Wednesday, April 18, 2012

A generation of austerity

Romanians protest austerity measures
by Michael Roberts

Just a factual update on the austerity debate.  Some of the  Austerians are getting worried that things might be going too far.   The IMF has swung between wanting governments to step up the pace of austerity, or ‘fiscal adjustment’ as the IMF calls it, and taking it more easily.  In the IMF’s quarterly Fiscal Monitor released last February, the IMF reckoned that the governments of the mature capitalist economies were reducing their budget deficits by an average of 2% pts of GDP this year, with Eurozone governments cutting 3% pts.  The IMF thought this was good news.  But now in April it is showing some doubts.

Its own research reveals that cutting government spending and raising taxes can reduce economic growth to the point where government deficits and debt to GDP stop falling because GDP is falling even more.  As the  US credit agency, S&P put it in its own analysis recently: “a reform process based on a pillar of fiscal austerity alone risks becoming self defeating, as domestic demand falls in line with consumer rising concerns about job security and disposable incomes reducing tax revenues”.  This is the issue facing the US economy. Unless, there is a deal between the incoming President and Congress for the 2012-13 budget starting in October, then built-in automatic ‘fiscal adjustments’ (from not renewing tax cuts and not extending unemployment compensation) will reduce the annual deficit by 4% points in one year.  That could wipe out the expected 2% real growth in 2013.

In its latest Fiscal Monitor released yesterday, the IMF now thinks that if public sector debt ratios are large and economies are in a recession then ‘fiscal adjustment’ can be counterproductive: “in downturns, fiscal consolidation reinforces the economic cycle and thereby excerbates the slump in growth, making an upfront fiscal contraction particularly harmful” (IMF FM April 2010, p15).  So now the IMF advises that “when feasible (!), a more gradual fiscal consolidation is likely to prove preferable to an approach that aims at “getting it over quickly”.

The investment bank JP Morgan has also released new research that shows that the fiscal multiplier (see my previous post, The austerity debate, 14 April 2012) is around 0.7 for the Euro area economies (excluding Greece).  That means fiscal tightening of 1% pt a year reduces real economic growth by 0.7% pt a year.  If you include Greece, the multiplier is even higher.  It means that more fiscal tightening is helping to drive the economic recession in Portugal, Spain, Italy and other Eurozone countries even deeper and that budget deficit targets will not be met as a result.  Now the IMF reckons that the fiscal multiplier, at least in the short term could be even larger, namely 1% pt fall in growth for every 1% pt of GDP tighter fiscal policy: “Assuming, in line with recent fiscal adjustment packages in advanced economies, that two-thirds of the adjustment comes from spending measures, a weighted average of spending and revenue multipliers in downturns yields an overall fiscal multiplier of about 1.0.”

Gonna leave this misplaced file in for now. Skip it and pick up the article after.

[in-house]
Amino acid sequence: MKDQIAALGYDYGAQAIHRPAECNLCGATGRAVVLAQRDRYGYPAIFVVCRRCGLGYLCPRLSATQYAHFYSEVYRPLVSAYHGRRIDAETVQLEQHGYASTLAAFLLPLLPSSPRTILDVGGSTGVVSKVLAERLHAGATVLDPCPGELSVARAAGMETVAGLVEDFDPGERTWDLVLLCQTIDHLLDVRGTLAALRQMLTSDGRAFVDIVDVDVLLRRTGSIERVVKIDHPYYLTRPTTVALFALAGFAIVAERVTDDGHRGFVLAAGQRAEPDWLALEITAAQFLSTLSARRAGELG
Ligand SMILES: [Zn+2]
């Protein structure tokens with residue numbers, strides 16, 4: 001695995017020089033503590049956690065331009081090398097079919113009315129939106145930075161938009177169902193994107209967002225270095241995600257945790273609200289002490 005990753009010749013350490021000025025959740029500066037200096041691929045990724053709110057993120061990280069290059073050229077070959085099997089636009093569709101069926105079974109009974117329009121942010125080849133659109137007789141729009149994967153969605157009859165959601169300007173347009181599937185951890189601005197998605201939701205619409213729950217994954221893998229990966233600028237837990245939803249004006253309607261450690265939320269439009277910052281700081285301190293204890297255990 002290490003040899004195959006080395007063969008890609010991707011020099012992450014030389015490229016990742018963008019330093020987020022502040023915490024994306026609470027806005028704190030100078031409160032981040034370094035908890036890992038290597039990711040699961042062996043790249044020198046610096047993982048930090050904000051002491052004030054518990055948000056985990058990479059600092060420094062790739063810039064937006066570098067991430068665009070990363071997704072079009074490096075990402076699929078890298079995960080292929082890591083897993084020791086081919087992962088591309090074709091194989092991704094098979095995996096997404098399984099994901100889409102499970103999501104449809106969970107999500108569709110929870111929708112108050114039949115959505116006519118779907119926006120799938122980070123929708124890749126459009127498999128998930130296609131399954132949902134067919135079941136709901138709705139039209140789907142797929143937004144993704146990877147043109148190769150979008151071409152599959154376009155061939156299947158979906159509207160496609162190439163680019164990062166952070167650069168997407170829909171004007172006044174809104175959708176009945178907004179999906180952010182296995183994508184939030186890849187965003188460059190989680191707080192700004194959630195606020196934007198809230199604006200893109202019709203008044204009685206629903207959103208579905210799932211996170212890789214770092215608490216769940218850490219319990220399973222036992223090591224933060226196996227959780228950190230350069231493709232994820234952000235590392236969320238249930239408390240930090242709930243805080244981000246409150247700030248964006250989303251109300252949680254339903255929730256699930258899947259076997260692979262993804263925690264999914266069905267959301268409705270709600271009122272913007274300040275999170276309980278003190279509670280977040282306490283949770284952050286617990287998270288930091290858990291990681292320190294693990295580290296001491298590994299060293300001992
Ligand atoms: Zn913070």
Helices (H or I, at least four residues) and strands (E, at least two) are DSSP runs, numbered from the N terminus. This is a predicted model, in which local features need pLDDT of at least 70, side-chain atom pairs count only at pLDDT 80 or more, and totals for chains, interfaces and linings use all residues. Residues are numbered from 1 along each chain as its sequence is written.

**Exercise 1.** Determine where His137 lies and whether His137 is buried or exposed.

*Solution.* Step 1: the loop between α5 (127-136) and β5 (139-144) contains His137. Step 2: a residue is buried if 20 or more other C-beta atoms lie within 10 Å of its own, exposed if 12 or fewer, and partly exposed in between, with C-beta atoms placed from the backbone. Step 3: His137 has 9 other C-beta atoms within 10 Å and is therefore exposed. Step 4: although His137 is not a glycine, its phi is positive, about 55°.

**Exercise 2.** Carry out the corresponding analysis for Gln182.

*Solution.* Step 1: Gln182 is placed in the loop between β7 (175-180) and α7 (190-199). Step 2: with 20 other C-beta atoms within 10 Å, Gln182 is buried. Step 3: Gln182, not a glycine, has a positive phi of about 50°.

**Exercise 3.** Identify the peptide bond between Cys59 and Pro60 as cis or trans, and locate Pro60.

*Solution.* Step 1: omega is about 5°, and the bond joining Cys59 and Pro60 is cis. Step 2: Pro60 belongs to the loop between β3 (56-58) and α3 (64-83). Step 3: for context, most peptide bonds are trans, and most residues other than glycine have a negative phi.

So in its latest World Economic Outlook, the IMF backs away from its previous hardline on fiscal adjustment.  “Austerity alone cannot treat the economic malaise in the advanced economies,” the IMF said, “sufficient fiscal consolidation is taking place but should be structured to avoid an excessive decline in demand in the near term”.  The problem is that if nothing is done about fiscal adjustment, then government deficits and debt will continue to get out of control.  If no further action is taken, then the IMF forecasts that the gross government debt to GDP ratio in most advanced capitalist economies will continue to rise over the next five years.  It forecasts that the G7 average would reach 130% by 2017, with 113% for the US and 91% for the euro area and 256% for Japan!   If further action is taken, as it expects, then the G7 gross debt ratio would still rise but peak at 124%  in 2017, compared to 85% in 2007 before the crisis.  For the advanced capitalist economies as a whole, it would peak at 109% of GDP in 2017 compared to 60% in 2007.   So after seven years of austerity (2010-17), government debt would still 80% higher than before the crisis

That’s why 2017 wont be the end of austerity. The IMF wants to see the average government debt ratio go back to the 60% reached in 2007.  So it talks about what it calls ‘second generation’ fiscal measures.  To achieve this, the IMF says “the search should be for credible long-term commitments—through a combination of decisions that decrease trend spending and put in place institutions and rules that automatically reduce spending and de ficits over time. “  The main aim is to cut health, pensions and other ‘age-related’ spending out of government budgets.

Which countries would have to make the biggest adjustment?  A “second generation” of UK austerity measures would outstrip programmes in both Greece and Portugal. Only the US, Japan and Ireland are facing a larger adjustment among advanced economies. To bring public debt down from 82.5%c to 60% of GDP and pay for rising health and pension costs, the UK will need a fiscal adjustment strategy over the next 18 years equivalent to 11.3% of national output, or roughly £170bn!  By comparison, the existing UK £123bn austerity programme is equivalent to 7.5% of GDP, although over a shorter period.   It’s austerity for a generation.

So the IMF is worried that too much austerity will cut economic growth and deepen the long depression.  And yet it wants a programme of austerity out to 2030 that will destroy the role of government in providing social needs and end what is left of the welfare state.

No comments: